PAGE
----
I just participated in my town’s annual Christmas parade. Loads of fun. I saw many familiar faces and made a friend of the mayor. Yippee. Being out and about in the community is a great way to build your author name. Sponsoring a float, making a banner, providing costumes, or just chaperoning kids in the parade will help make you a presence. People will become familiar with you. If you are an author, have kids pass out bookmarks with candy attached to them, or take your little Christmas story, package it up, and give it out to those on the parade route.

6. Read Christmas Stories at your local elementary school media center.

If you write for a young adult market, or even a soccer mom market, then get yourself to your local school and read your cool book to kids. Host a Santa letter party.

7. Host an Online Book Giveaway--but not of your book. Instead give away:

Promote the giveaway and the winner by sending a press release to the winner’s local paper.Put the book in a gift basket from your local coffeehouse. Hey, it works for the Avon lady.

8. Host a Holiday Book Party at a local restaurant

Publisher and author Dwan Abrams hosted a party this weekend in downtown Atlanta to celebrate her birthday, the holidays, and the release of her fourth novel Married Strangers. The event was free to attend. It is also a book drive for a Women’s Prison Literacy Project. She’s got local celebrities, book reviewers, and bookstore managers popping through. The event has been promoted on local gospel radio stations, online mags, local papers, and to anyone within two paces of her.You do know that now is the time to throw a party?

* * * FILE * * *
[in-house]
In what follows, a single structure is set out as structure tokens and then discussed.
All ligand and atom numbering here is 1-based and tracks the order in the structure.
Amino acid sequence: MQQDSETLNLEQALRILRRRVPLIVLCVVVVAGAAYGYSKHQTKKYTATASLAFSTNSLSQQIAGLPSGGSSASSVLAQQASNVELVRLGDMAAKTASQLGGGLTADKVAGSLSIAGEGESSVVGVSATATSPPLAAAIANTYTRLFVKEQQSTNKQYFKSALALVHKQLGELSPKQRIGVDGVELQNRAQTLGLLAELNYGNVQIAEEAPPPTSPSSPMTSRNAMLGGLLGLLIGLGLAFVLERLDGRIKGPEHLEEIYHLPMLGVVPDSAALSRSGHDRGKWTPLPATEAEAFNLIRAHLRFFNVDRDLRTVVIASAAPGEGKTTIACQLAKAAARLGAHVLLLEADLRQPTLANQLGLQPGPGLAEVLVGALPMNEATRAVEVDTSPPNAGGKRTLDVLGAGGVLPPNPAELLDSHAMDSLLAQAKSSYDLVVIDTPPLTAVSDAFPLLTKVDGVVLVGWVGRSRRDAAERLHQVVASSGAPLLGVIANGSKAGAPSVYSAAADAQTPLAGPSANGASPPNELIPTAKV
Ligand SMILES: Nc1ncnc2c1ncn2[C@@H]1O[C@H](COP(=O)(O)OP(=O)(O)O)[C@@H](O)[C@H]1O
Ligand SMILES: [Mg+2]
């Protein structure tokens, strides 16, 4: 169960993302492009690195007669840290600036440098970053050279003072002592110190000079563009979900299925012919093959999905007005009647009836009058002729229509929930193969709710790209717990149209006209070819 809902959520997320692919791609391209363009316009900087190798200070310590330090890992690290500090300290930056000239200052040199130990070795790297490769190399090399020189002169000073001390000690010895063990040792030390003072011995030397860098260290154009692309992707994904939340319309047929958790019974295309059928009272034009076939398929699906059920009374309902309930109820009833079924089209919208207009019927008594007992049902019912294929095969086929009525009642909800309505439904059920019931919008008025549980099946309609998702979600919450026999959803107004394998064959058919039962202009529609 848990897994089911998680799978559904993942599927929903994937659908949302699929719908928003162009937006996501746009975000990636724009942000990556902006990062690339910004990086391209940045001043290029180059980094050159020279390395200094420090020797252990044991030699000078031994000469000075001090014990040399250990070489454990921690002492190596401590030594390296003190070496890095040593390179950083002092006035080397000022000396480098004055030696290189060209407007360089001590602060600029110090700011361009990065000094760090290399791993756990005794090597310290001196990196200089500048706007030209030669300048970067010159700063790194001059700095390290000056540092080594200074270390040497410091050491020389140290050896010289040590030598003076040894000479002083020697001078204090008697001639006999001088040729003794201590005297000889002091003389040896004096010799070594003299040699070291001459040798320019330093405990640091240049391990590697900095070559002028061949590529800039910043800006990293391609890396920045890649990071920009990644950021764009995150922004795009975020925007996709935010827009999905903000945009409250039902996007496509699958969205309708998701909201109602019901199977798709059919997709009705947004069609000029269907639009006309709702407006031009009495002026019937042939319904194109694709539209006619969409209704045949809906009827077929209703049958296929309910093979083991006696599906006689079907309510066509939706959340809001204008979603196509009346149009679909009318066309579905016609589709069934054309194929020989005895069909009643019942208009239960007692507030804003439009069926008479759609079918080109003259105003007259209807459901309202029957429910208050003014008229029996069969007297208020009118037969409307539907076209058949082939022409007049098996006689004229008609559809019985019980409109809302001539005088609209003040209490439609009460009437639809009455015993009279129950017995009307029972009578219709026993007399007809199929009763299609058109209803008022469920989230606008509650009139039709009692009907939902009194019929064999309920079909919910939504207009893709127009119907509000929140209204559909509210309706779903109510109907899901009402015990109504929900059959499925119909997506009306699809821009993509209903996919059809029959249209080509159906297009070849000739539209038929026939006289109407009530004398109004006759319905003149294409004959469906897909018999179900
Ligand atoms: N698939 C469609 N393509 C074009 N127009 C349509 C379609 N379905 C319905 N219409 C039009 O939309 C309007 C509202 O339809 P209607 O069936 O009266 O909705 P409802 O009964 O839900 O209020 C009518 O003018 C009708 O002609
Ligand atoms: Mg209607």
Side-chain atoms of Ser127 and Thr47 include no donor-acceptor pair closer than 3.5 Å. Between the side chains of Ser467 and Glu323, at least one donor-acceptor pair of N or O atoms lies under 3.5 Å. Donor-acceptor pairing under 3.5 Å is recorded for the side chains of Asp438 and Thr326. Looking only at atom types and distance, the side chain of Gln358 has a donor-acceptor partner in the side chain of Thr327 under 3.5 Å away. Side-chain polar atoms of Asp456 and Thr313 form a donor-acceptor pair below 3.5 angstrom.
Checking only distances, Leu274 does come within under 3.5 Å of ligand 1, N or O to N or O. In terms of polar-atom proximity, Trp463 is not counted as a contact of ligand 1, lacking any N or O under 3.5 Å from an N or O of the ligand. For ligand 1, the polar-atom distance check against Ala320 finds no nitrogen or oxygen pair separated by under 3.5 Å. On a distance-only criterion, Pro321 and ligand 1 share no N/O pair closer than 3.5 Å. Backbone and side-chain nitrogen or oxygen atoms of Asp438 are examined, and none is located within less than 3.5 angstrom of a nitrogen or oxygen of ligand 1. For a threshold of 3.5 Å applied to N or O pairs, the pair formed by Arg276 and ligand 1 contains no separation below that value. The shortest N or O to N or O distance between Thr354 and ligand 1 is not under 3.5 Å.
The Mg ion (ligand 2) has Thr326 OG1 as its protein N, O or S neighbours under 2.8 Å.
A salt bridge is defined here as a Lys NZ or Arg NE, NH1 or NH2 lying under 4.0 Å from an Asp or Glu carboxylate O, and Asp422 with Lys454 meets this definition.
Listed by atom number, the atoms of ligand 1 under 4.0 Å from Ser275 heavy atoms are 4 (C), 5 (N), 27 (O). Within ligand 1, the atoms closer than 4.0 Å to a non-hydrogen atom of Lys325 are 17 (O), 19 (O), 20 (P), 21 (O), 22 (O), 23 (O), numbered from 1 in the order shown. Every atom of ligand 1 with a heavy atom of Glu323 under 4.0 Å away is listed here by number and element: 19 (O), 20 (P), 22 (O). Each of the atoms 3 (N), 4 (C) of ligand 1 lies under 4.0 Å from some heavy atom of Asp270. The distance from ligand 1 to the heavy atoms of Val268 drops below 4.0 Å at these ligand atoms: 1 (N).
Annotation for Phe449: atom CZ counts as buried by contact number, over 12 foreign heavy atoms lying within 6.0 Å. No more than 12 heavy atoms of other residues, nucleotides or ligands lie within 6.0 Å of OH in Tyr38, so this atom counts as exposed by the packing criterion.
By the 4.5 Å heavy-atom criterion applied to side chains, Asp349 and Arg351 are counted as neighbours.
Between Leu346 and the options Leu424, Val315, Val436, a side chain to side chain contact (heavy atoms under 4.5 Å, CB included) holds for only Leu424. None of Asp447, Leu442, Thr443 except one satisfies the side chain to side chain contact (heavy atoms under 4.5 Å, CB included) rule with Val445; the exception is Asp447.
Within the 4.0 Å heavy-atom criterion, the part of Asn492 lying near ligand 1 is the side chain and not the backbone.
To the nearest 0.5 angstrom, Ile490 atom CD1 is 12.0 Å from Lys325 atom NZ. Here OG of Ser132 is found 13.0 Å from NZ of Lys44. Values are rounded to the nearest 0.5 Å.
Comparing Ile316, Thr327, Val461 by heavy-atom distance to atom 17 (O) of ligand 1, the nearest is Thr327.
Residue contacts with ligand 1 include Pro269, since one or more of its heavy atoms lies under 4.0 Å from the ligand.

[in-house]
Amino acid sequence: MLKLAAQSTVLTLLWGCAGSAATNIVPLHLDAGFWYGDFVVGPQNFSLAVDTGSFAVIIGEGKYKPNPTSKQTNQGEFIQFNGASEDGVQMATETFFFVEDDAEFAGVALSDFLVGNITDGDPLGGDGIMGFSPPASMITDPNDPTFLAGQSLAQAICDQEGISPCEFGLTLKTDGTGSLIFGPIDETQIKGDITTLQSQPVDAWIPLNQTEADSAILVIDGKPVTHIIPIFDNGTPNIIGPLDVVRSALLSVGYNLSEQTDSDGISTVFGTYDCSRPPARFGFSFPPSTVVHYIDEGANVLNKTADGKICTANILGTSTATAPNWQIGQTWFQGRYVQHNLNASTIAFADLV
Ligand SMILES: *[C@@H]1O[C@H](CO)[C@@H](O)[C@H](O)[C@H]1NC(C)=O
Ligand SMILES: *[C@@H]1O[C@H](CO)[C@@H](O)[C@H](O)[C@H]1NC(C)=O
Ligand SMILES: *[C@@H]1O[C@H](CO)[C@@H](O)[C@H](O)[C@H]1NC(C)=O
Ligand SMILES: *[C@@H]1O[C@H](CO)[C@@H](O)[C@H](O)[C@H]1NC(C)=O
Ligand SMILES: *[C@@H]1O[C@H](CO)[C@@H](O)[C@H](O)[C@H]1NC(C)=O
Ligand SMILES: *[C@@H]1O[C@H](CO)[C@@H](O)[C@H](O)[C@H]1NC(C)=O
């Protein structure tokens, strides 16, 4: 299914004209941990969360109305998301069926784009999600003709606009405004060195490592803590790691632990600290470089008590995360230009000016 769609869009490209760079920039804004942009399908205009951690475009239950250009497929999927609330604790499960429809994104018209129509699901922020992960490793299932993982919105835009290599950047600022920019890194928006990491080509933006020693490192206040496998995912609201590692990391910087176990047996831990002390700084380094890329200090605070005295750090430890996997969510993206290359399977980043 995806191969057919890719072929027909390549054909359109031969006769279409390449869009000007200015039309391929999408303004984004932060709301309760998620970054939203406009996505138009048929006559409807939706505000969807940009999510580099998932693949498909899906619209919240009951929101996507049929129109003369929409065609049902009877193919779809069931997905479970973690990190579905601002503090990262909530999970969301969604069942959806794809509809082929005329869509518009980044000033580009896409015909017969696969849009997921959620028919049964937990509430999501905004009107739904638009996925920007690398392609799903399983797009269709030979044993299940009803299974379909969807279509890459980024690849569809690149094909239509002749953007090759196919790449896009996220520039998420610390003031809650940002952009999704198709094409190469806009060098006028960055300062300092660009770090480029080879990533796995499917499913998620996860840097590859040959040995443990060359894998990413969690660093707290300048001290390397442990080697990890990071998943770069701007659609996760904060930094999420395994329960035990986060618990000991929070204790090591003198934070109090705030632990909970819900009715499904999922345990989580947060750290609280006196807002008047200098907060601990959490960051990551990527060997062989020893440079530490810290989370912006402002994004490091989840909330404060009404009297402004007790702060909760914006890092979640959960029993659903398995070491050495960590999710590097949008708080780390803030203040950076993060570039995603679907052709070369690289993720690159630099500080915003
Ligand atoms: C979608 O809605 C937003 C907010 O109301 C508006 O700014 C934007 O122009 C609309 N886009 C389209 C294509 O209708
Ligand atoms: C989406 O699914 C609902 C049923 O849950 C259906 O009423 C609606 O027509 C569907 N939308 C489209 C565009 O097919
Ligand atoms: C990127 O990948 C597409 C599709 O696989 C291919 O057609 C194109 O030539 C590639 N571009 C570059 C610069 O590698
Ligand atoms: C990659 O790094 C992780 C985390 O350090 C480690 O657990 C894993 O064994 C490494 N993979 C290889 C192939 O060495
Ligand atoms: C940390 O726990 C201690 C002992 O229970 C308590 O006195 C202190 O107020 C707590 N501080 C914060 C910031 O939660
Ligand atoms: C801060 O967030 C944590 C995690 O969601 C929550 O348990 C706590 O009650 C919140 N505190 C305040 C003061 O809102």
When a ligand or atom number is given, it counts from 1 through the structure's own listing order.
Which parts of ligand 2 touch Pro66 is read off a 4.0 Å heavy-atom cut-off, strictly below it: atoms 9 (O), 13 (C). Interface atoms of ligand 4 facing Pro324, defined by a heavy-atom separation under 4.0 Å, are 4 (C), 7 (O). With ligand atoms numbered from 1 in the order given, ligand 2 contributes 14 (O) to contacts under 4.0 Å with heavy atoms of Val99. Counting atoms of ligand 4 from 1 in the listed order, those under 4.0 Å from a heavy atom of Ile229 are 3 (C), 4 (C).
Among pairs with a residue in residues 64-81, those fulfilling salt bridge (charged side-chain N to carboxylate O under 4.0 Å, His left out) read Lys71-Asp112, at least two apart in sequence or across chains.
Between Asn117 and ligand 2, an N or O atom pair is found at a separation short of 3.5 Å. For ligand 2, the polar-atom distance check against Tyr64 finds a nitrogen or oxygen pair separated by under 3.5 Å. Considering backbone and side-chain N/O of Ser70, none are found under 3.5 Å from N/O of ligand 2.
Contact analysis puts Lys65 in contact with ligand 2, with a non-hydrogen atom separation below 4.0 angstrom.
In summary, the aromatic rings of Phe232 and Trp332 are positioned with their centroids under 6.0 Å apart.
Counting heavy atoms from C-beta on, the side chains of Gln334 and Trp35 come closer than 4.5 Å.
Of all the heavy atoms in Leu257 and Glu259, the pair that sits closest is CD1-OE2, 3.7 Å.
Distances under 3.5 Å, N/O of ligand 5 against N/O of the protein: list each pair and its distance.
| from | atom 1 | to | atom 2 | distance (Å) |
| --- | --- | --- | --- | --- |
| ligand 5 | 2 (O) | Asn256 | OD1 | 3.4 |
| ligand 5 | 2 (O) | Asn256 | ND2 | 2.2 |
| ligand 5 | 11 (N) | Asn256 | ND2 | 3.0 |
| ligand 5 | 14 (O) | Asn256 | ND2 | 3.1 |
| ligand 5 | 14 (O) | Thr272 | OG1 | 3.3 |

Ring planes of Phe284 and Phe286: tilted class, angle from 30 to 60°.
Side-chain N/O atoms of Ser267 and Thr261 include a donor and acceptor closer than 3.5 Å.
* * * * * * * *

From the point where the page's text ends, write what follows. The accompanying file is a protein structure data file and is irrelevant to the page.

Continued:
9. Build a tip sheet

Center the sheet around your book’s theme and the holidays, then submit the tip list as filler for major local magazines and online magazines your readers read.

10. Be a front door vendor at your local bookstore.

Ask your local bookstore if you can set up a table on the weekend to sell your books. Ask for two tables. One to sell your book and another to gift wrap books as a free service to the bookstore. All bookstore chains allow authors to do this. (However, some bookstores will only talk to publicists or publishers.)

Bonus: contact your bookstore every week to see if any big authors had last minute cancellations for their Holiday In Store Events. But be prepared to get books to the store on short notice.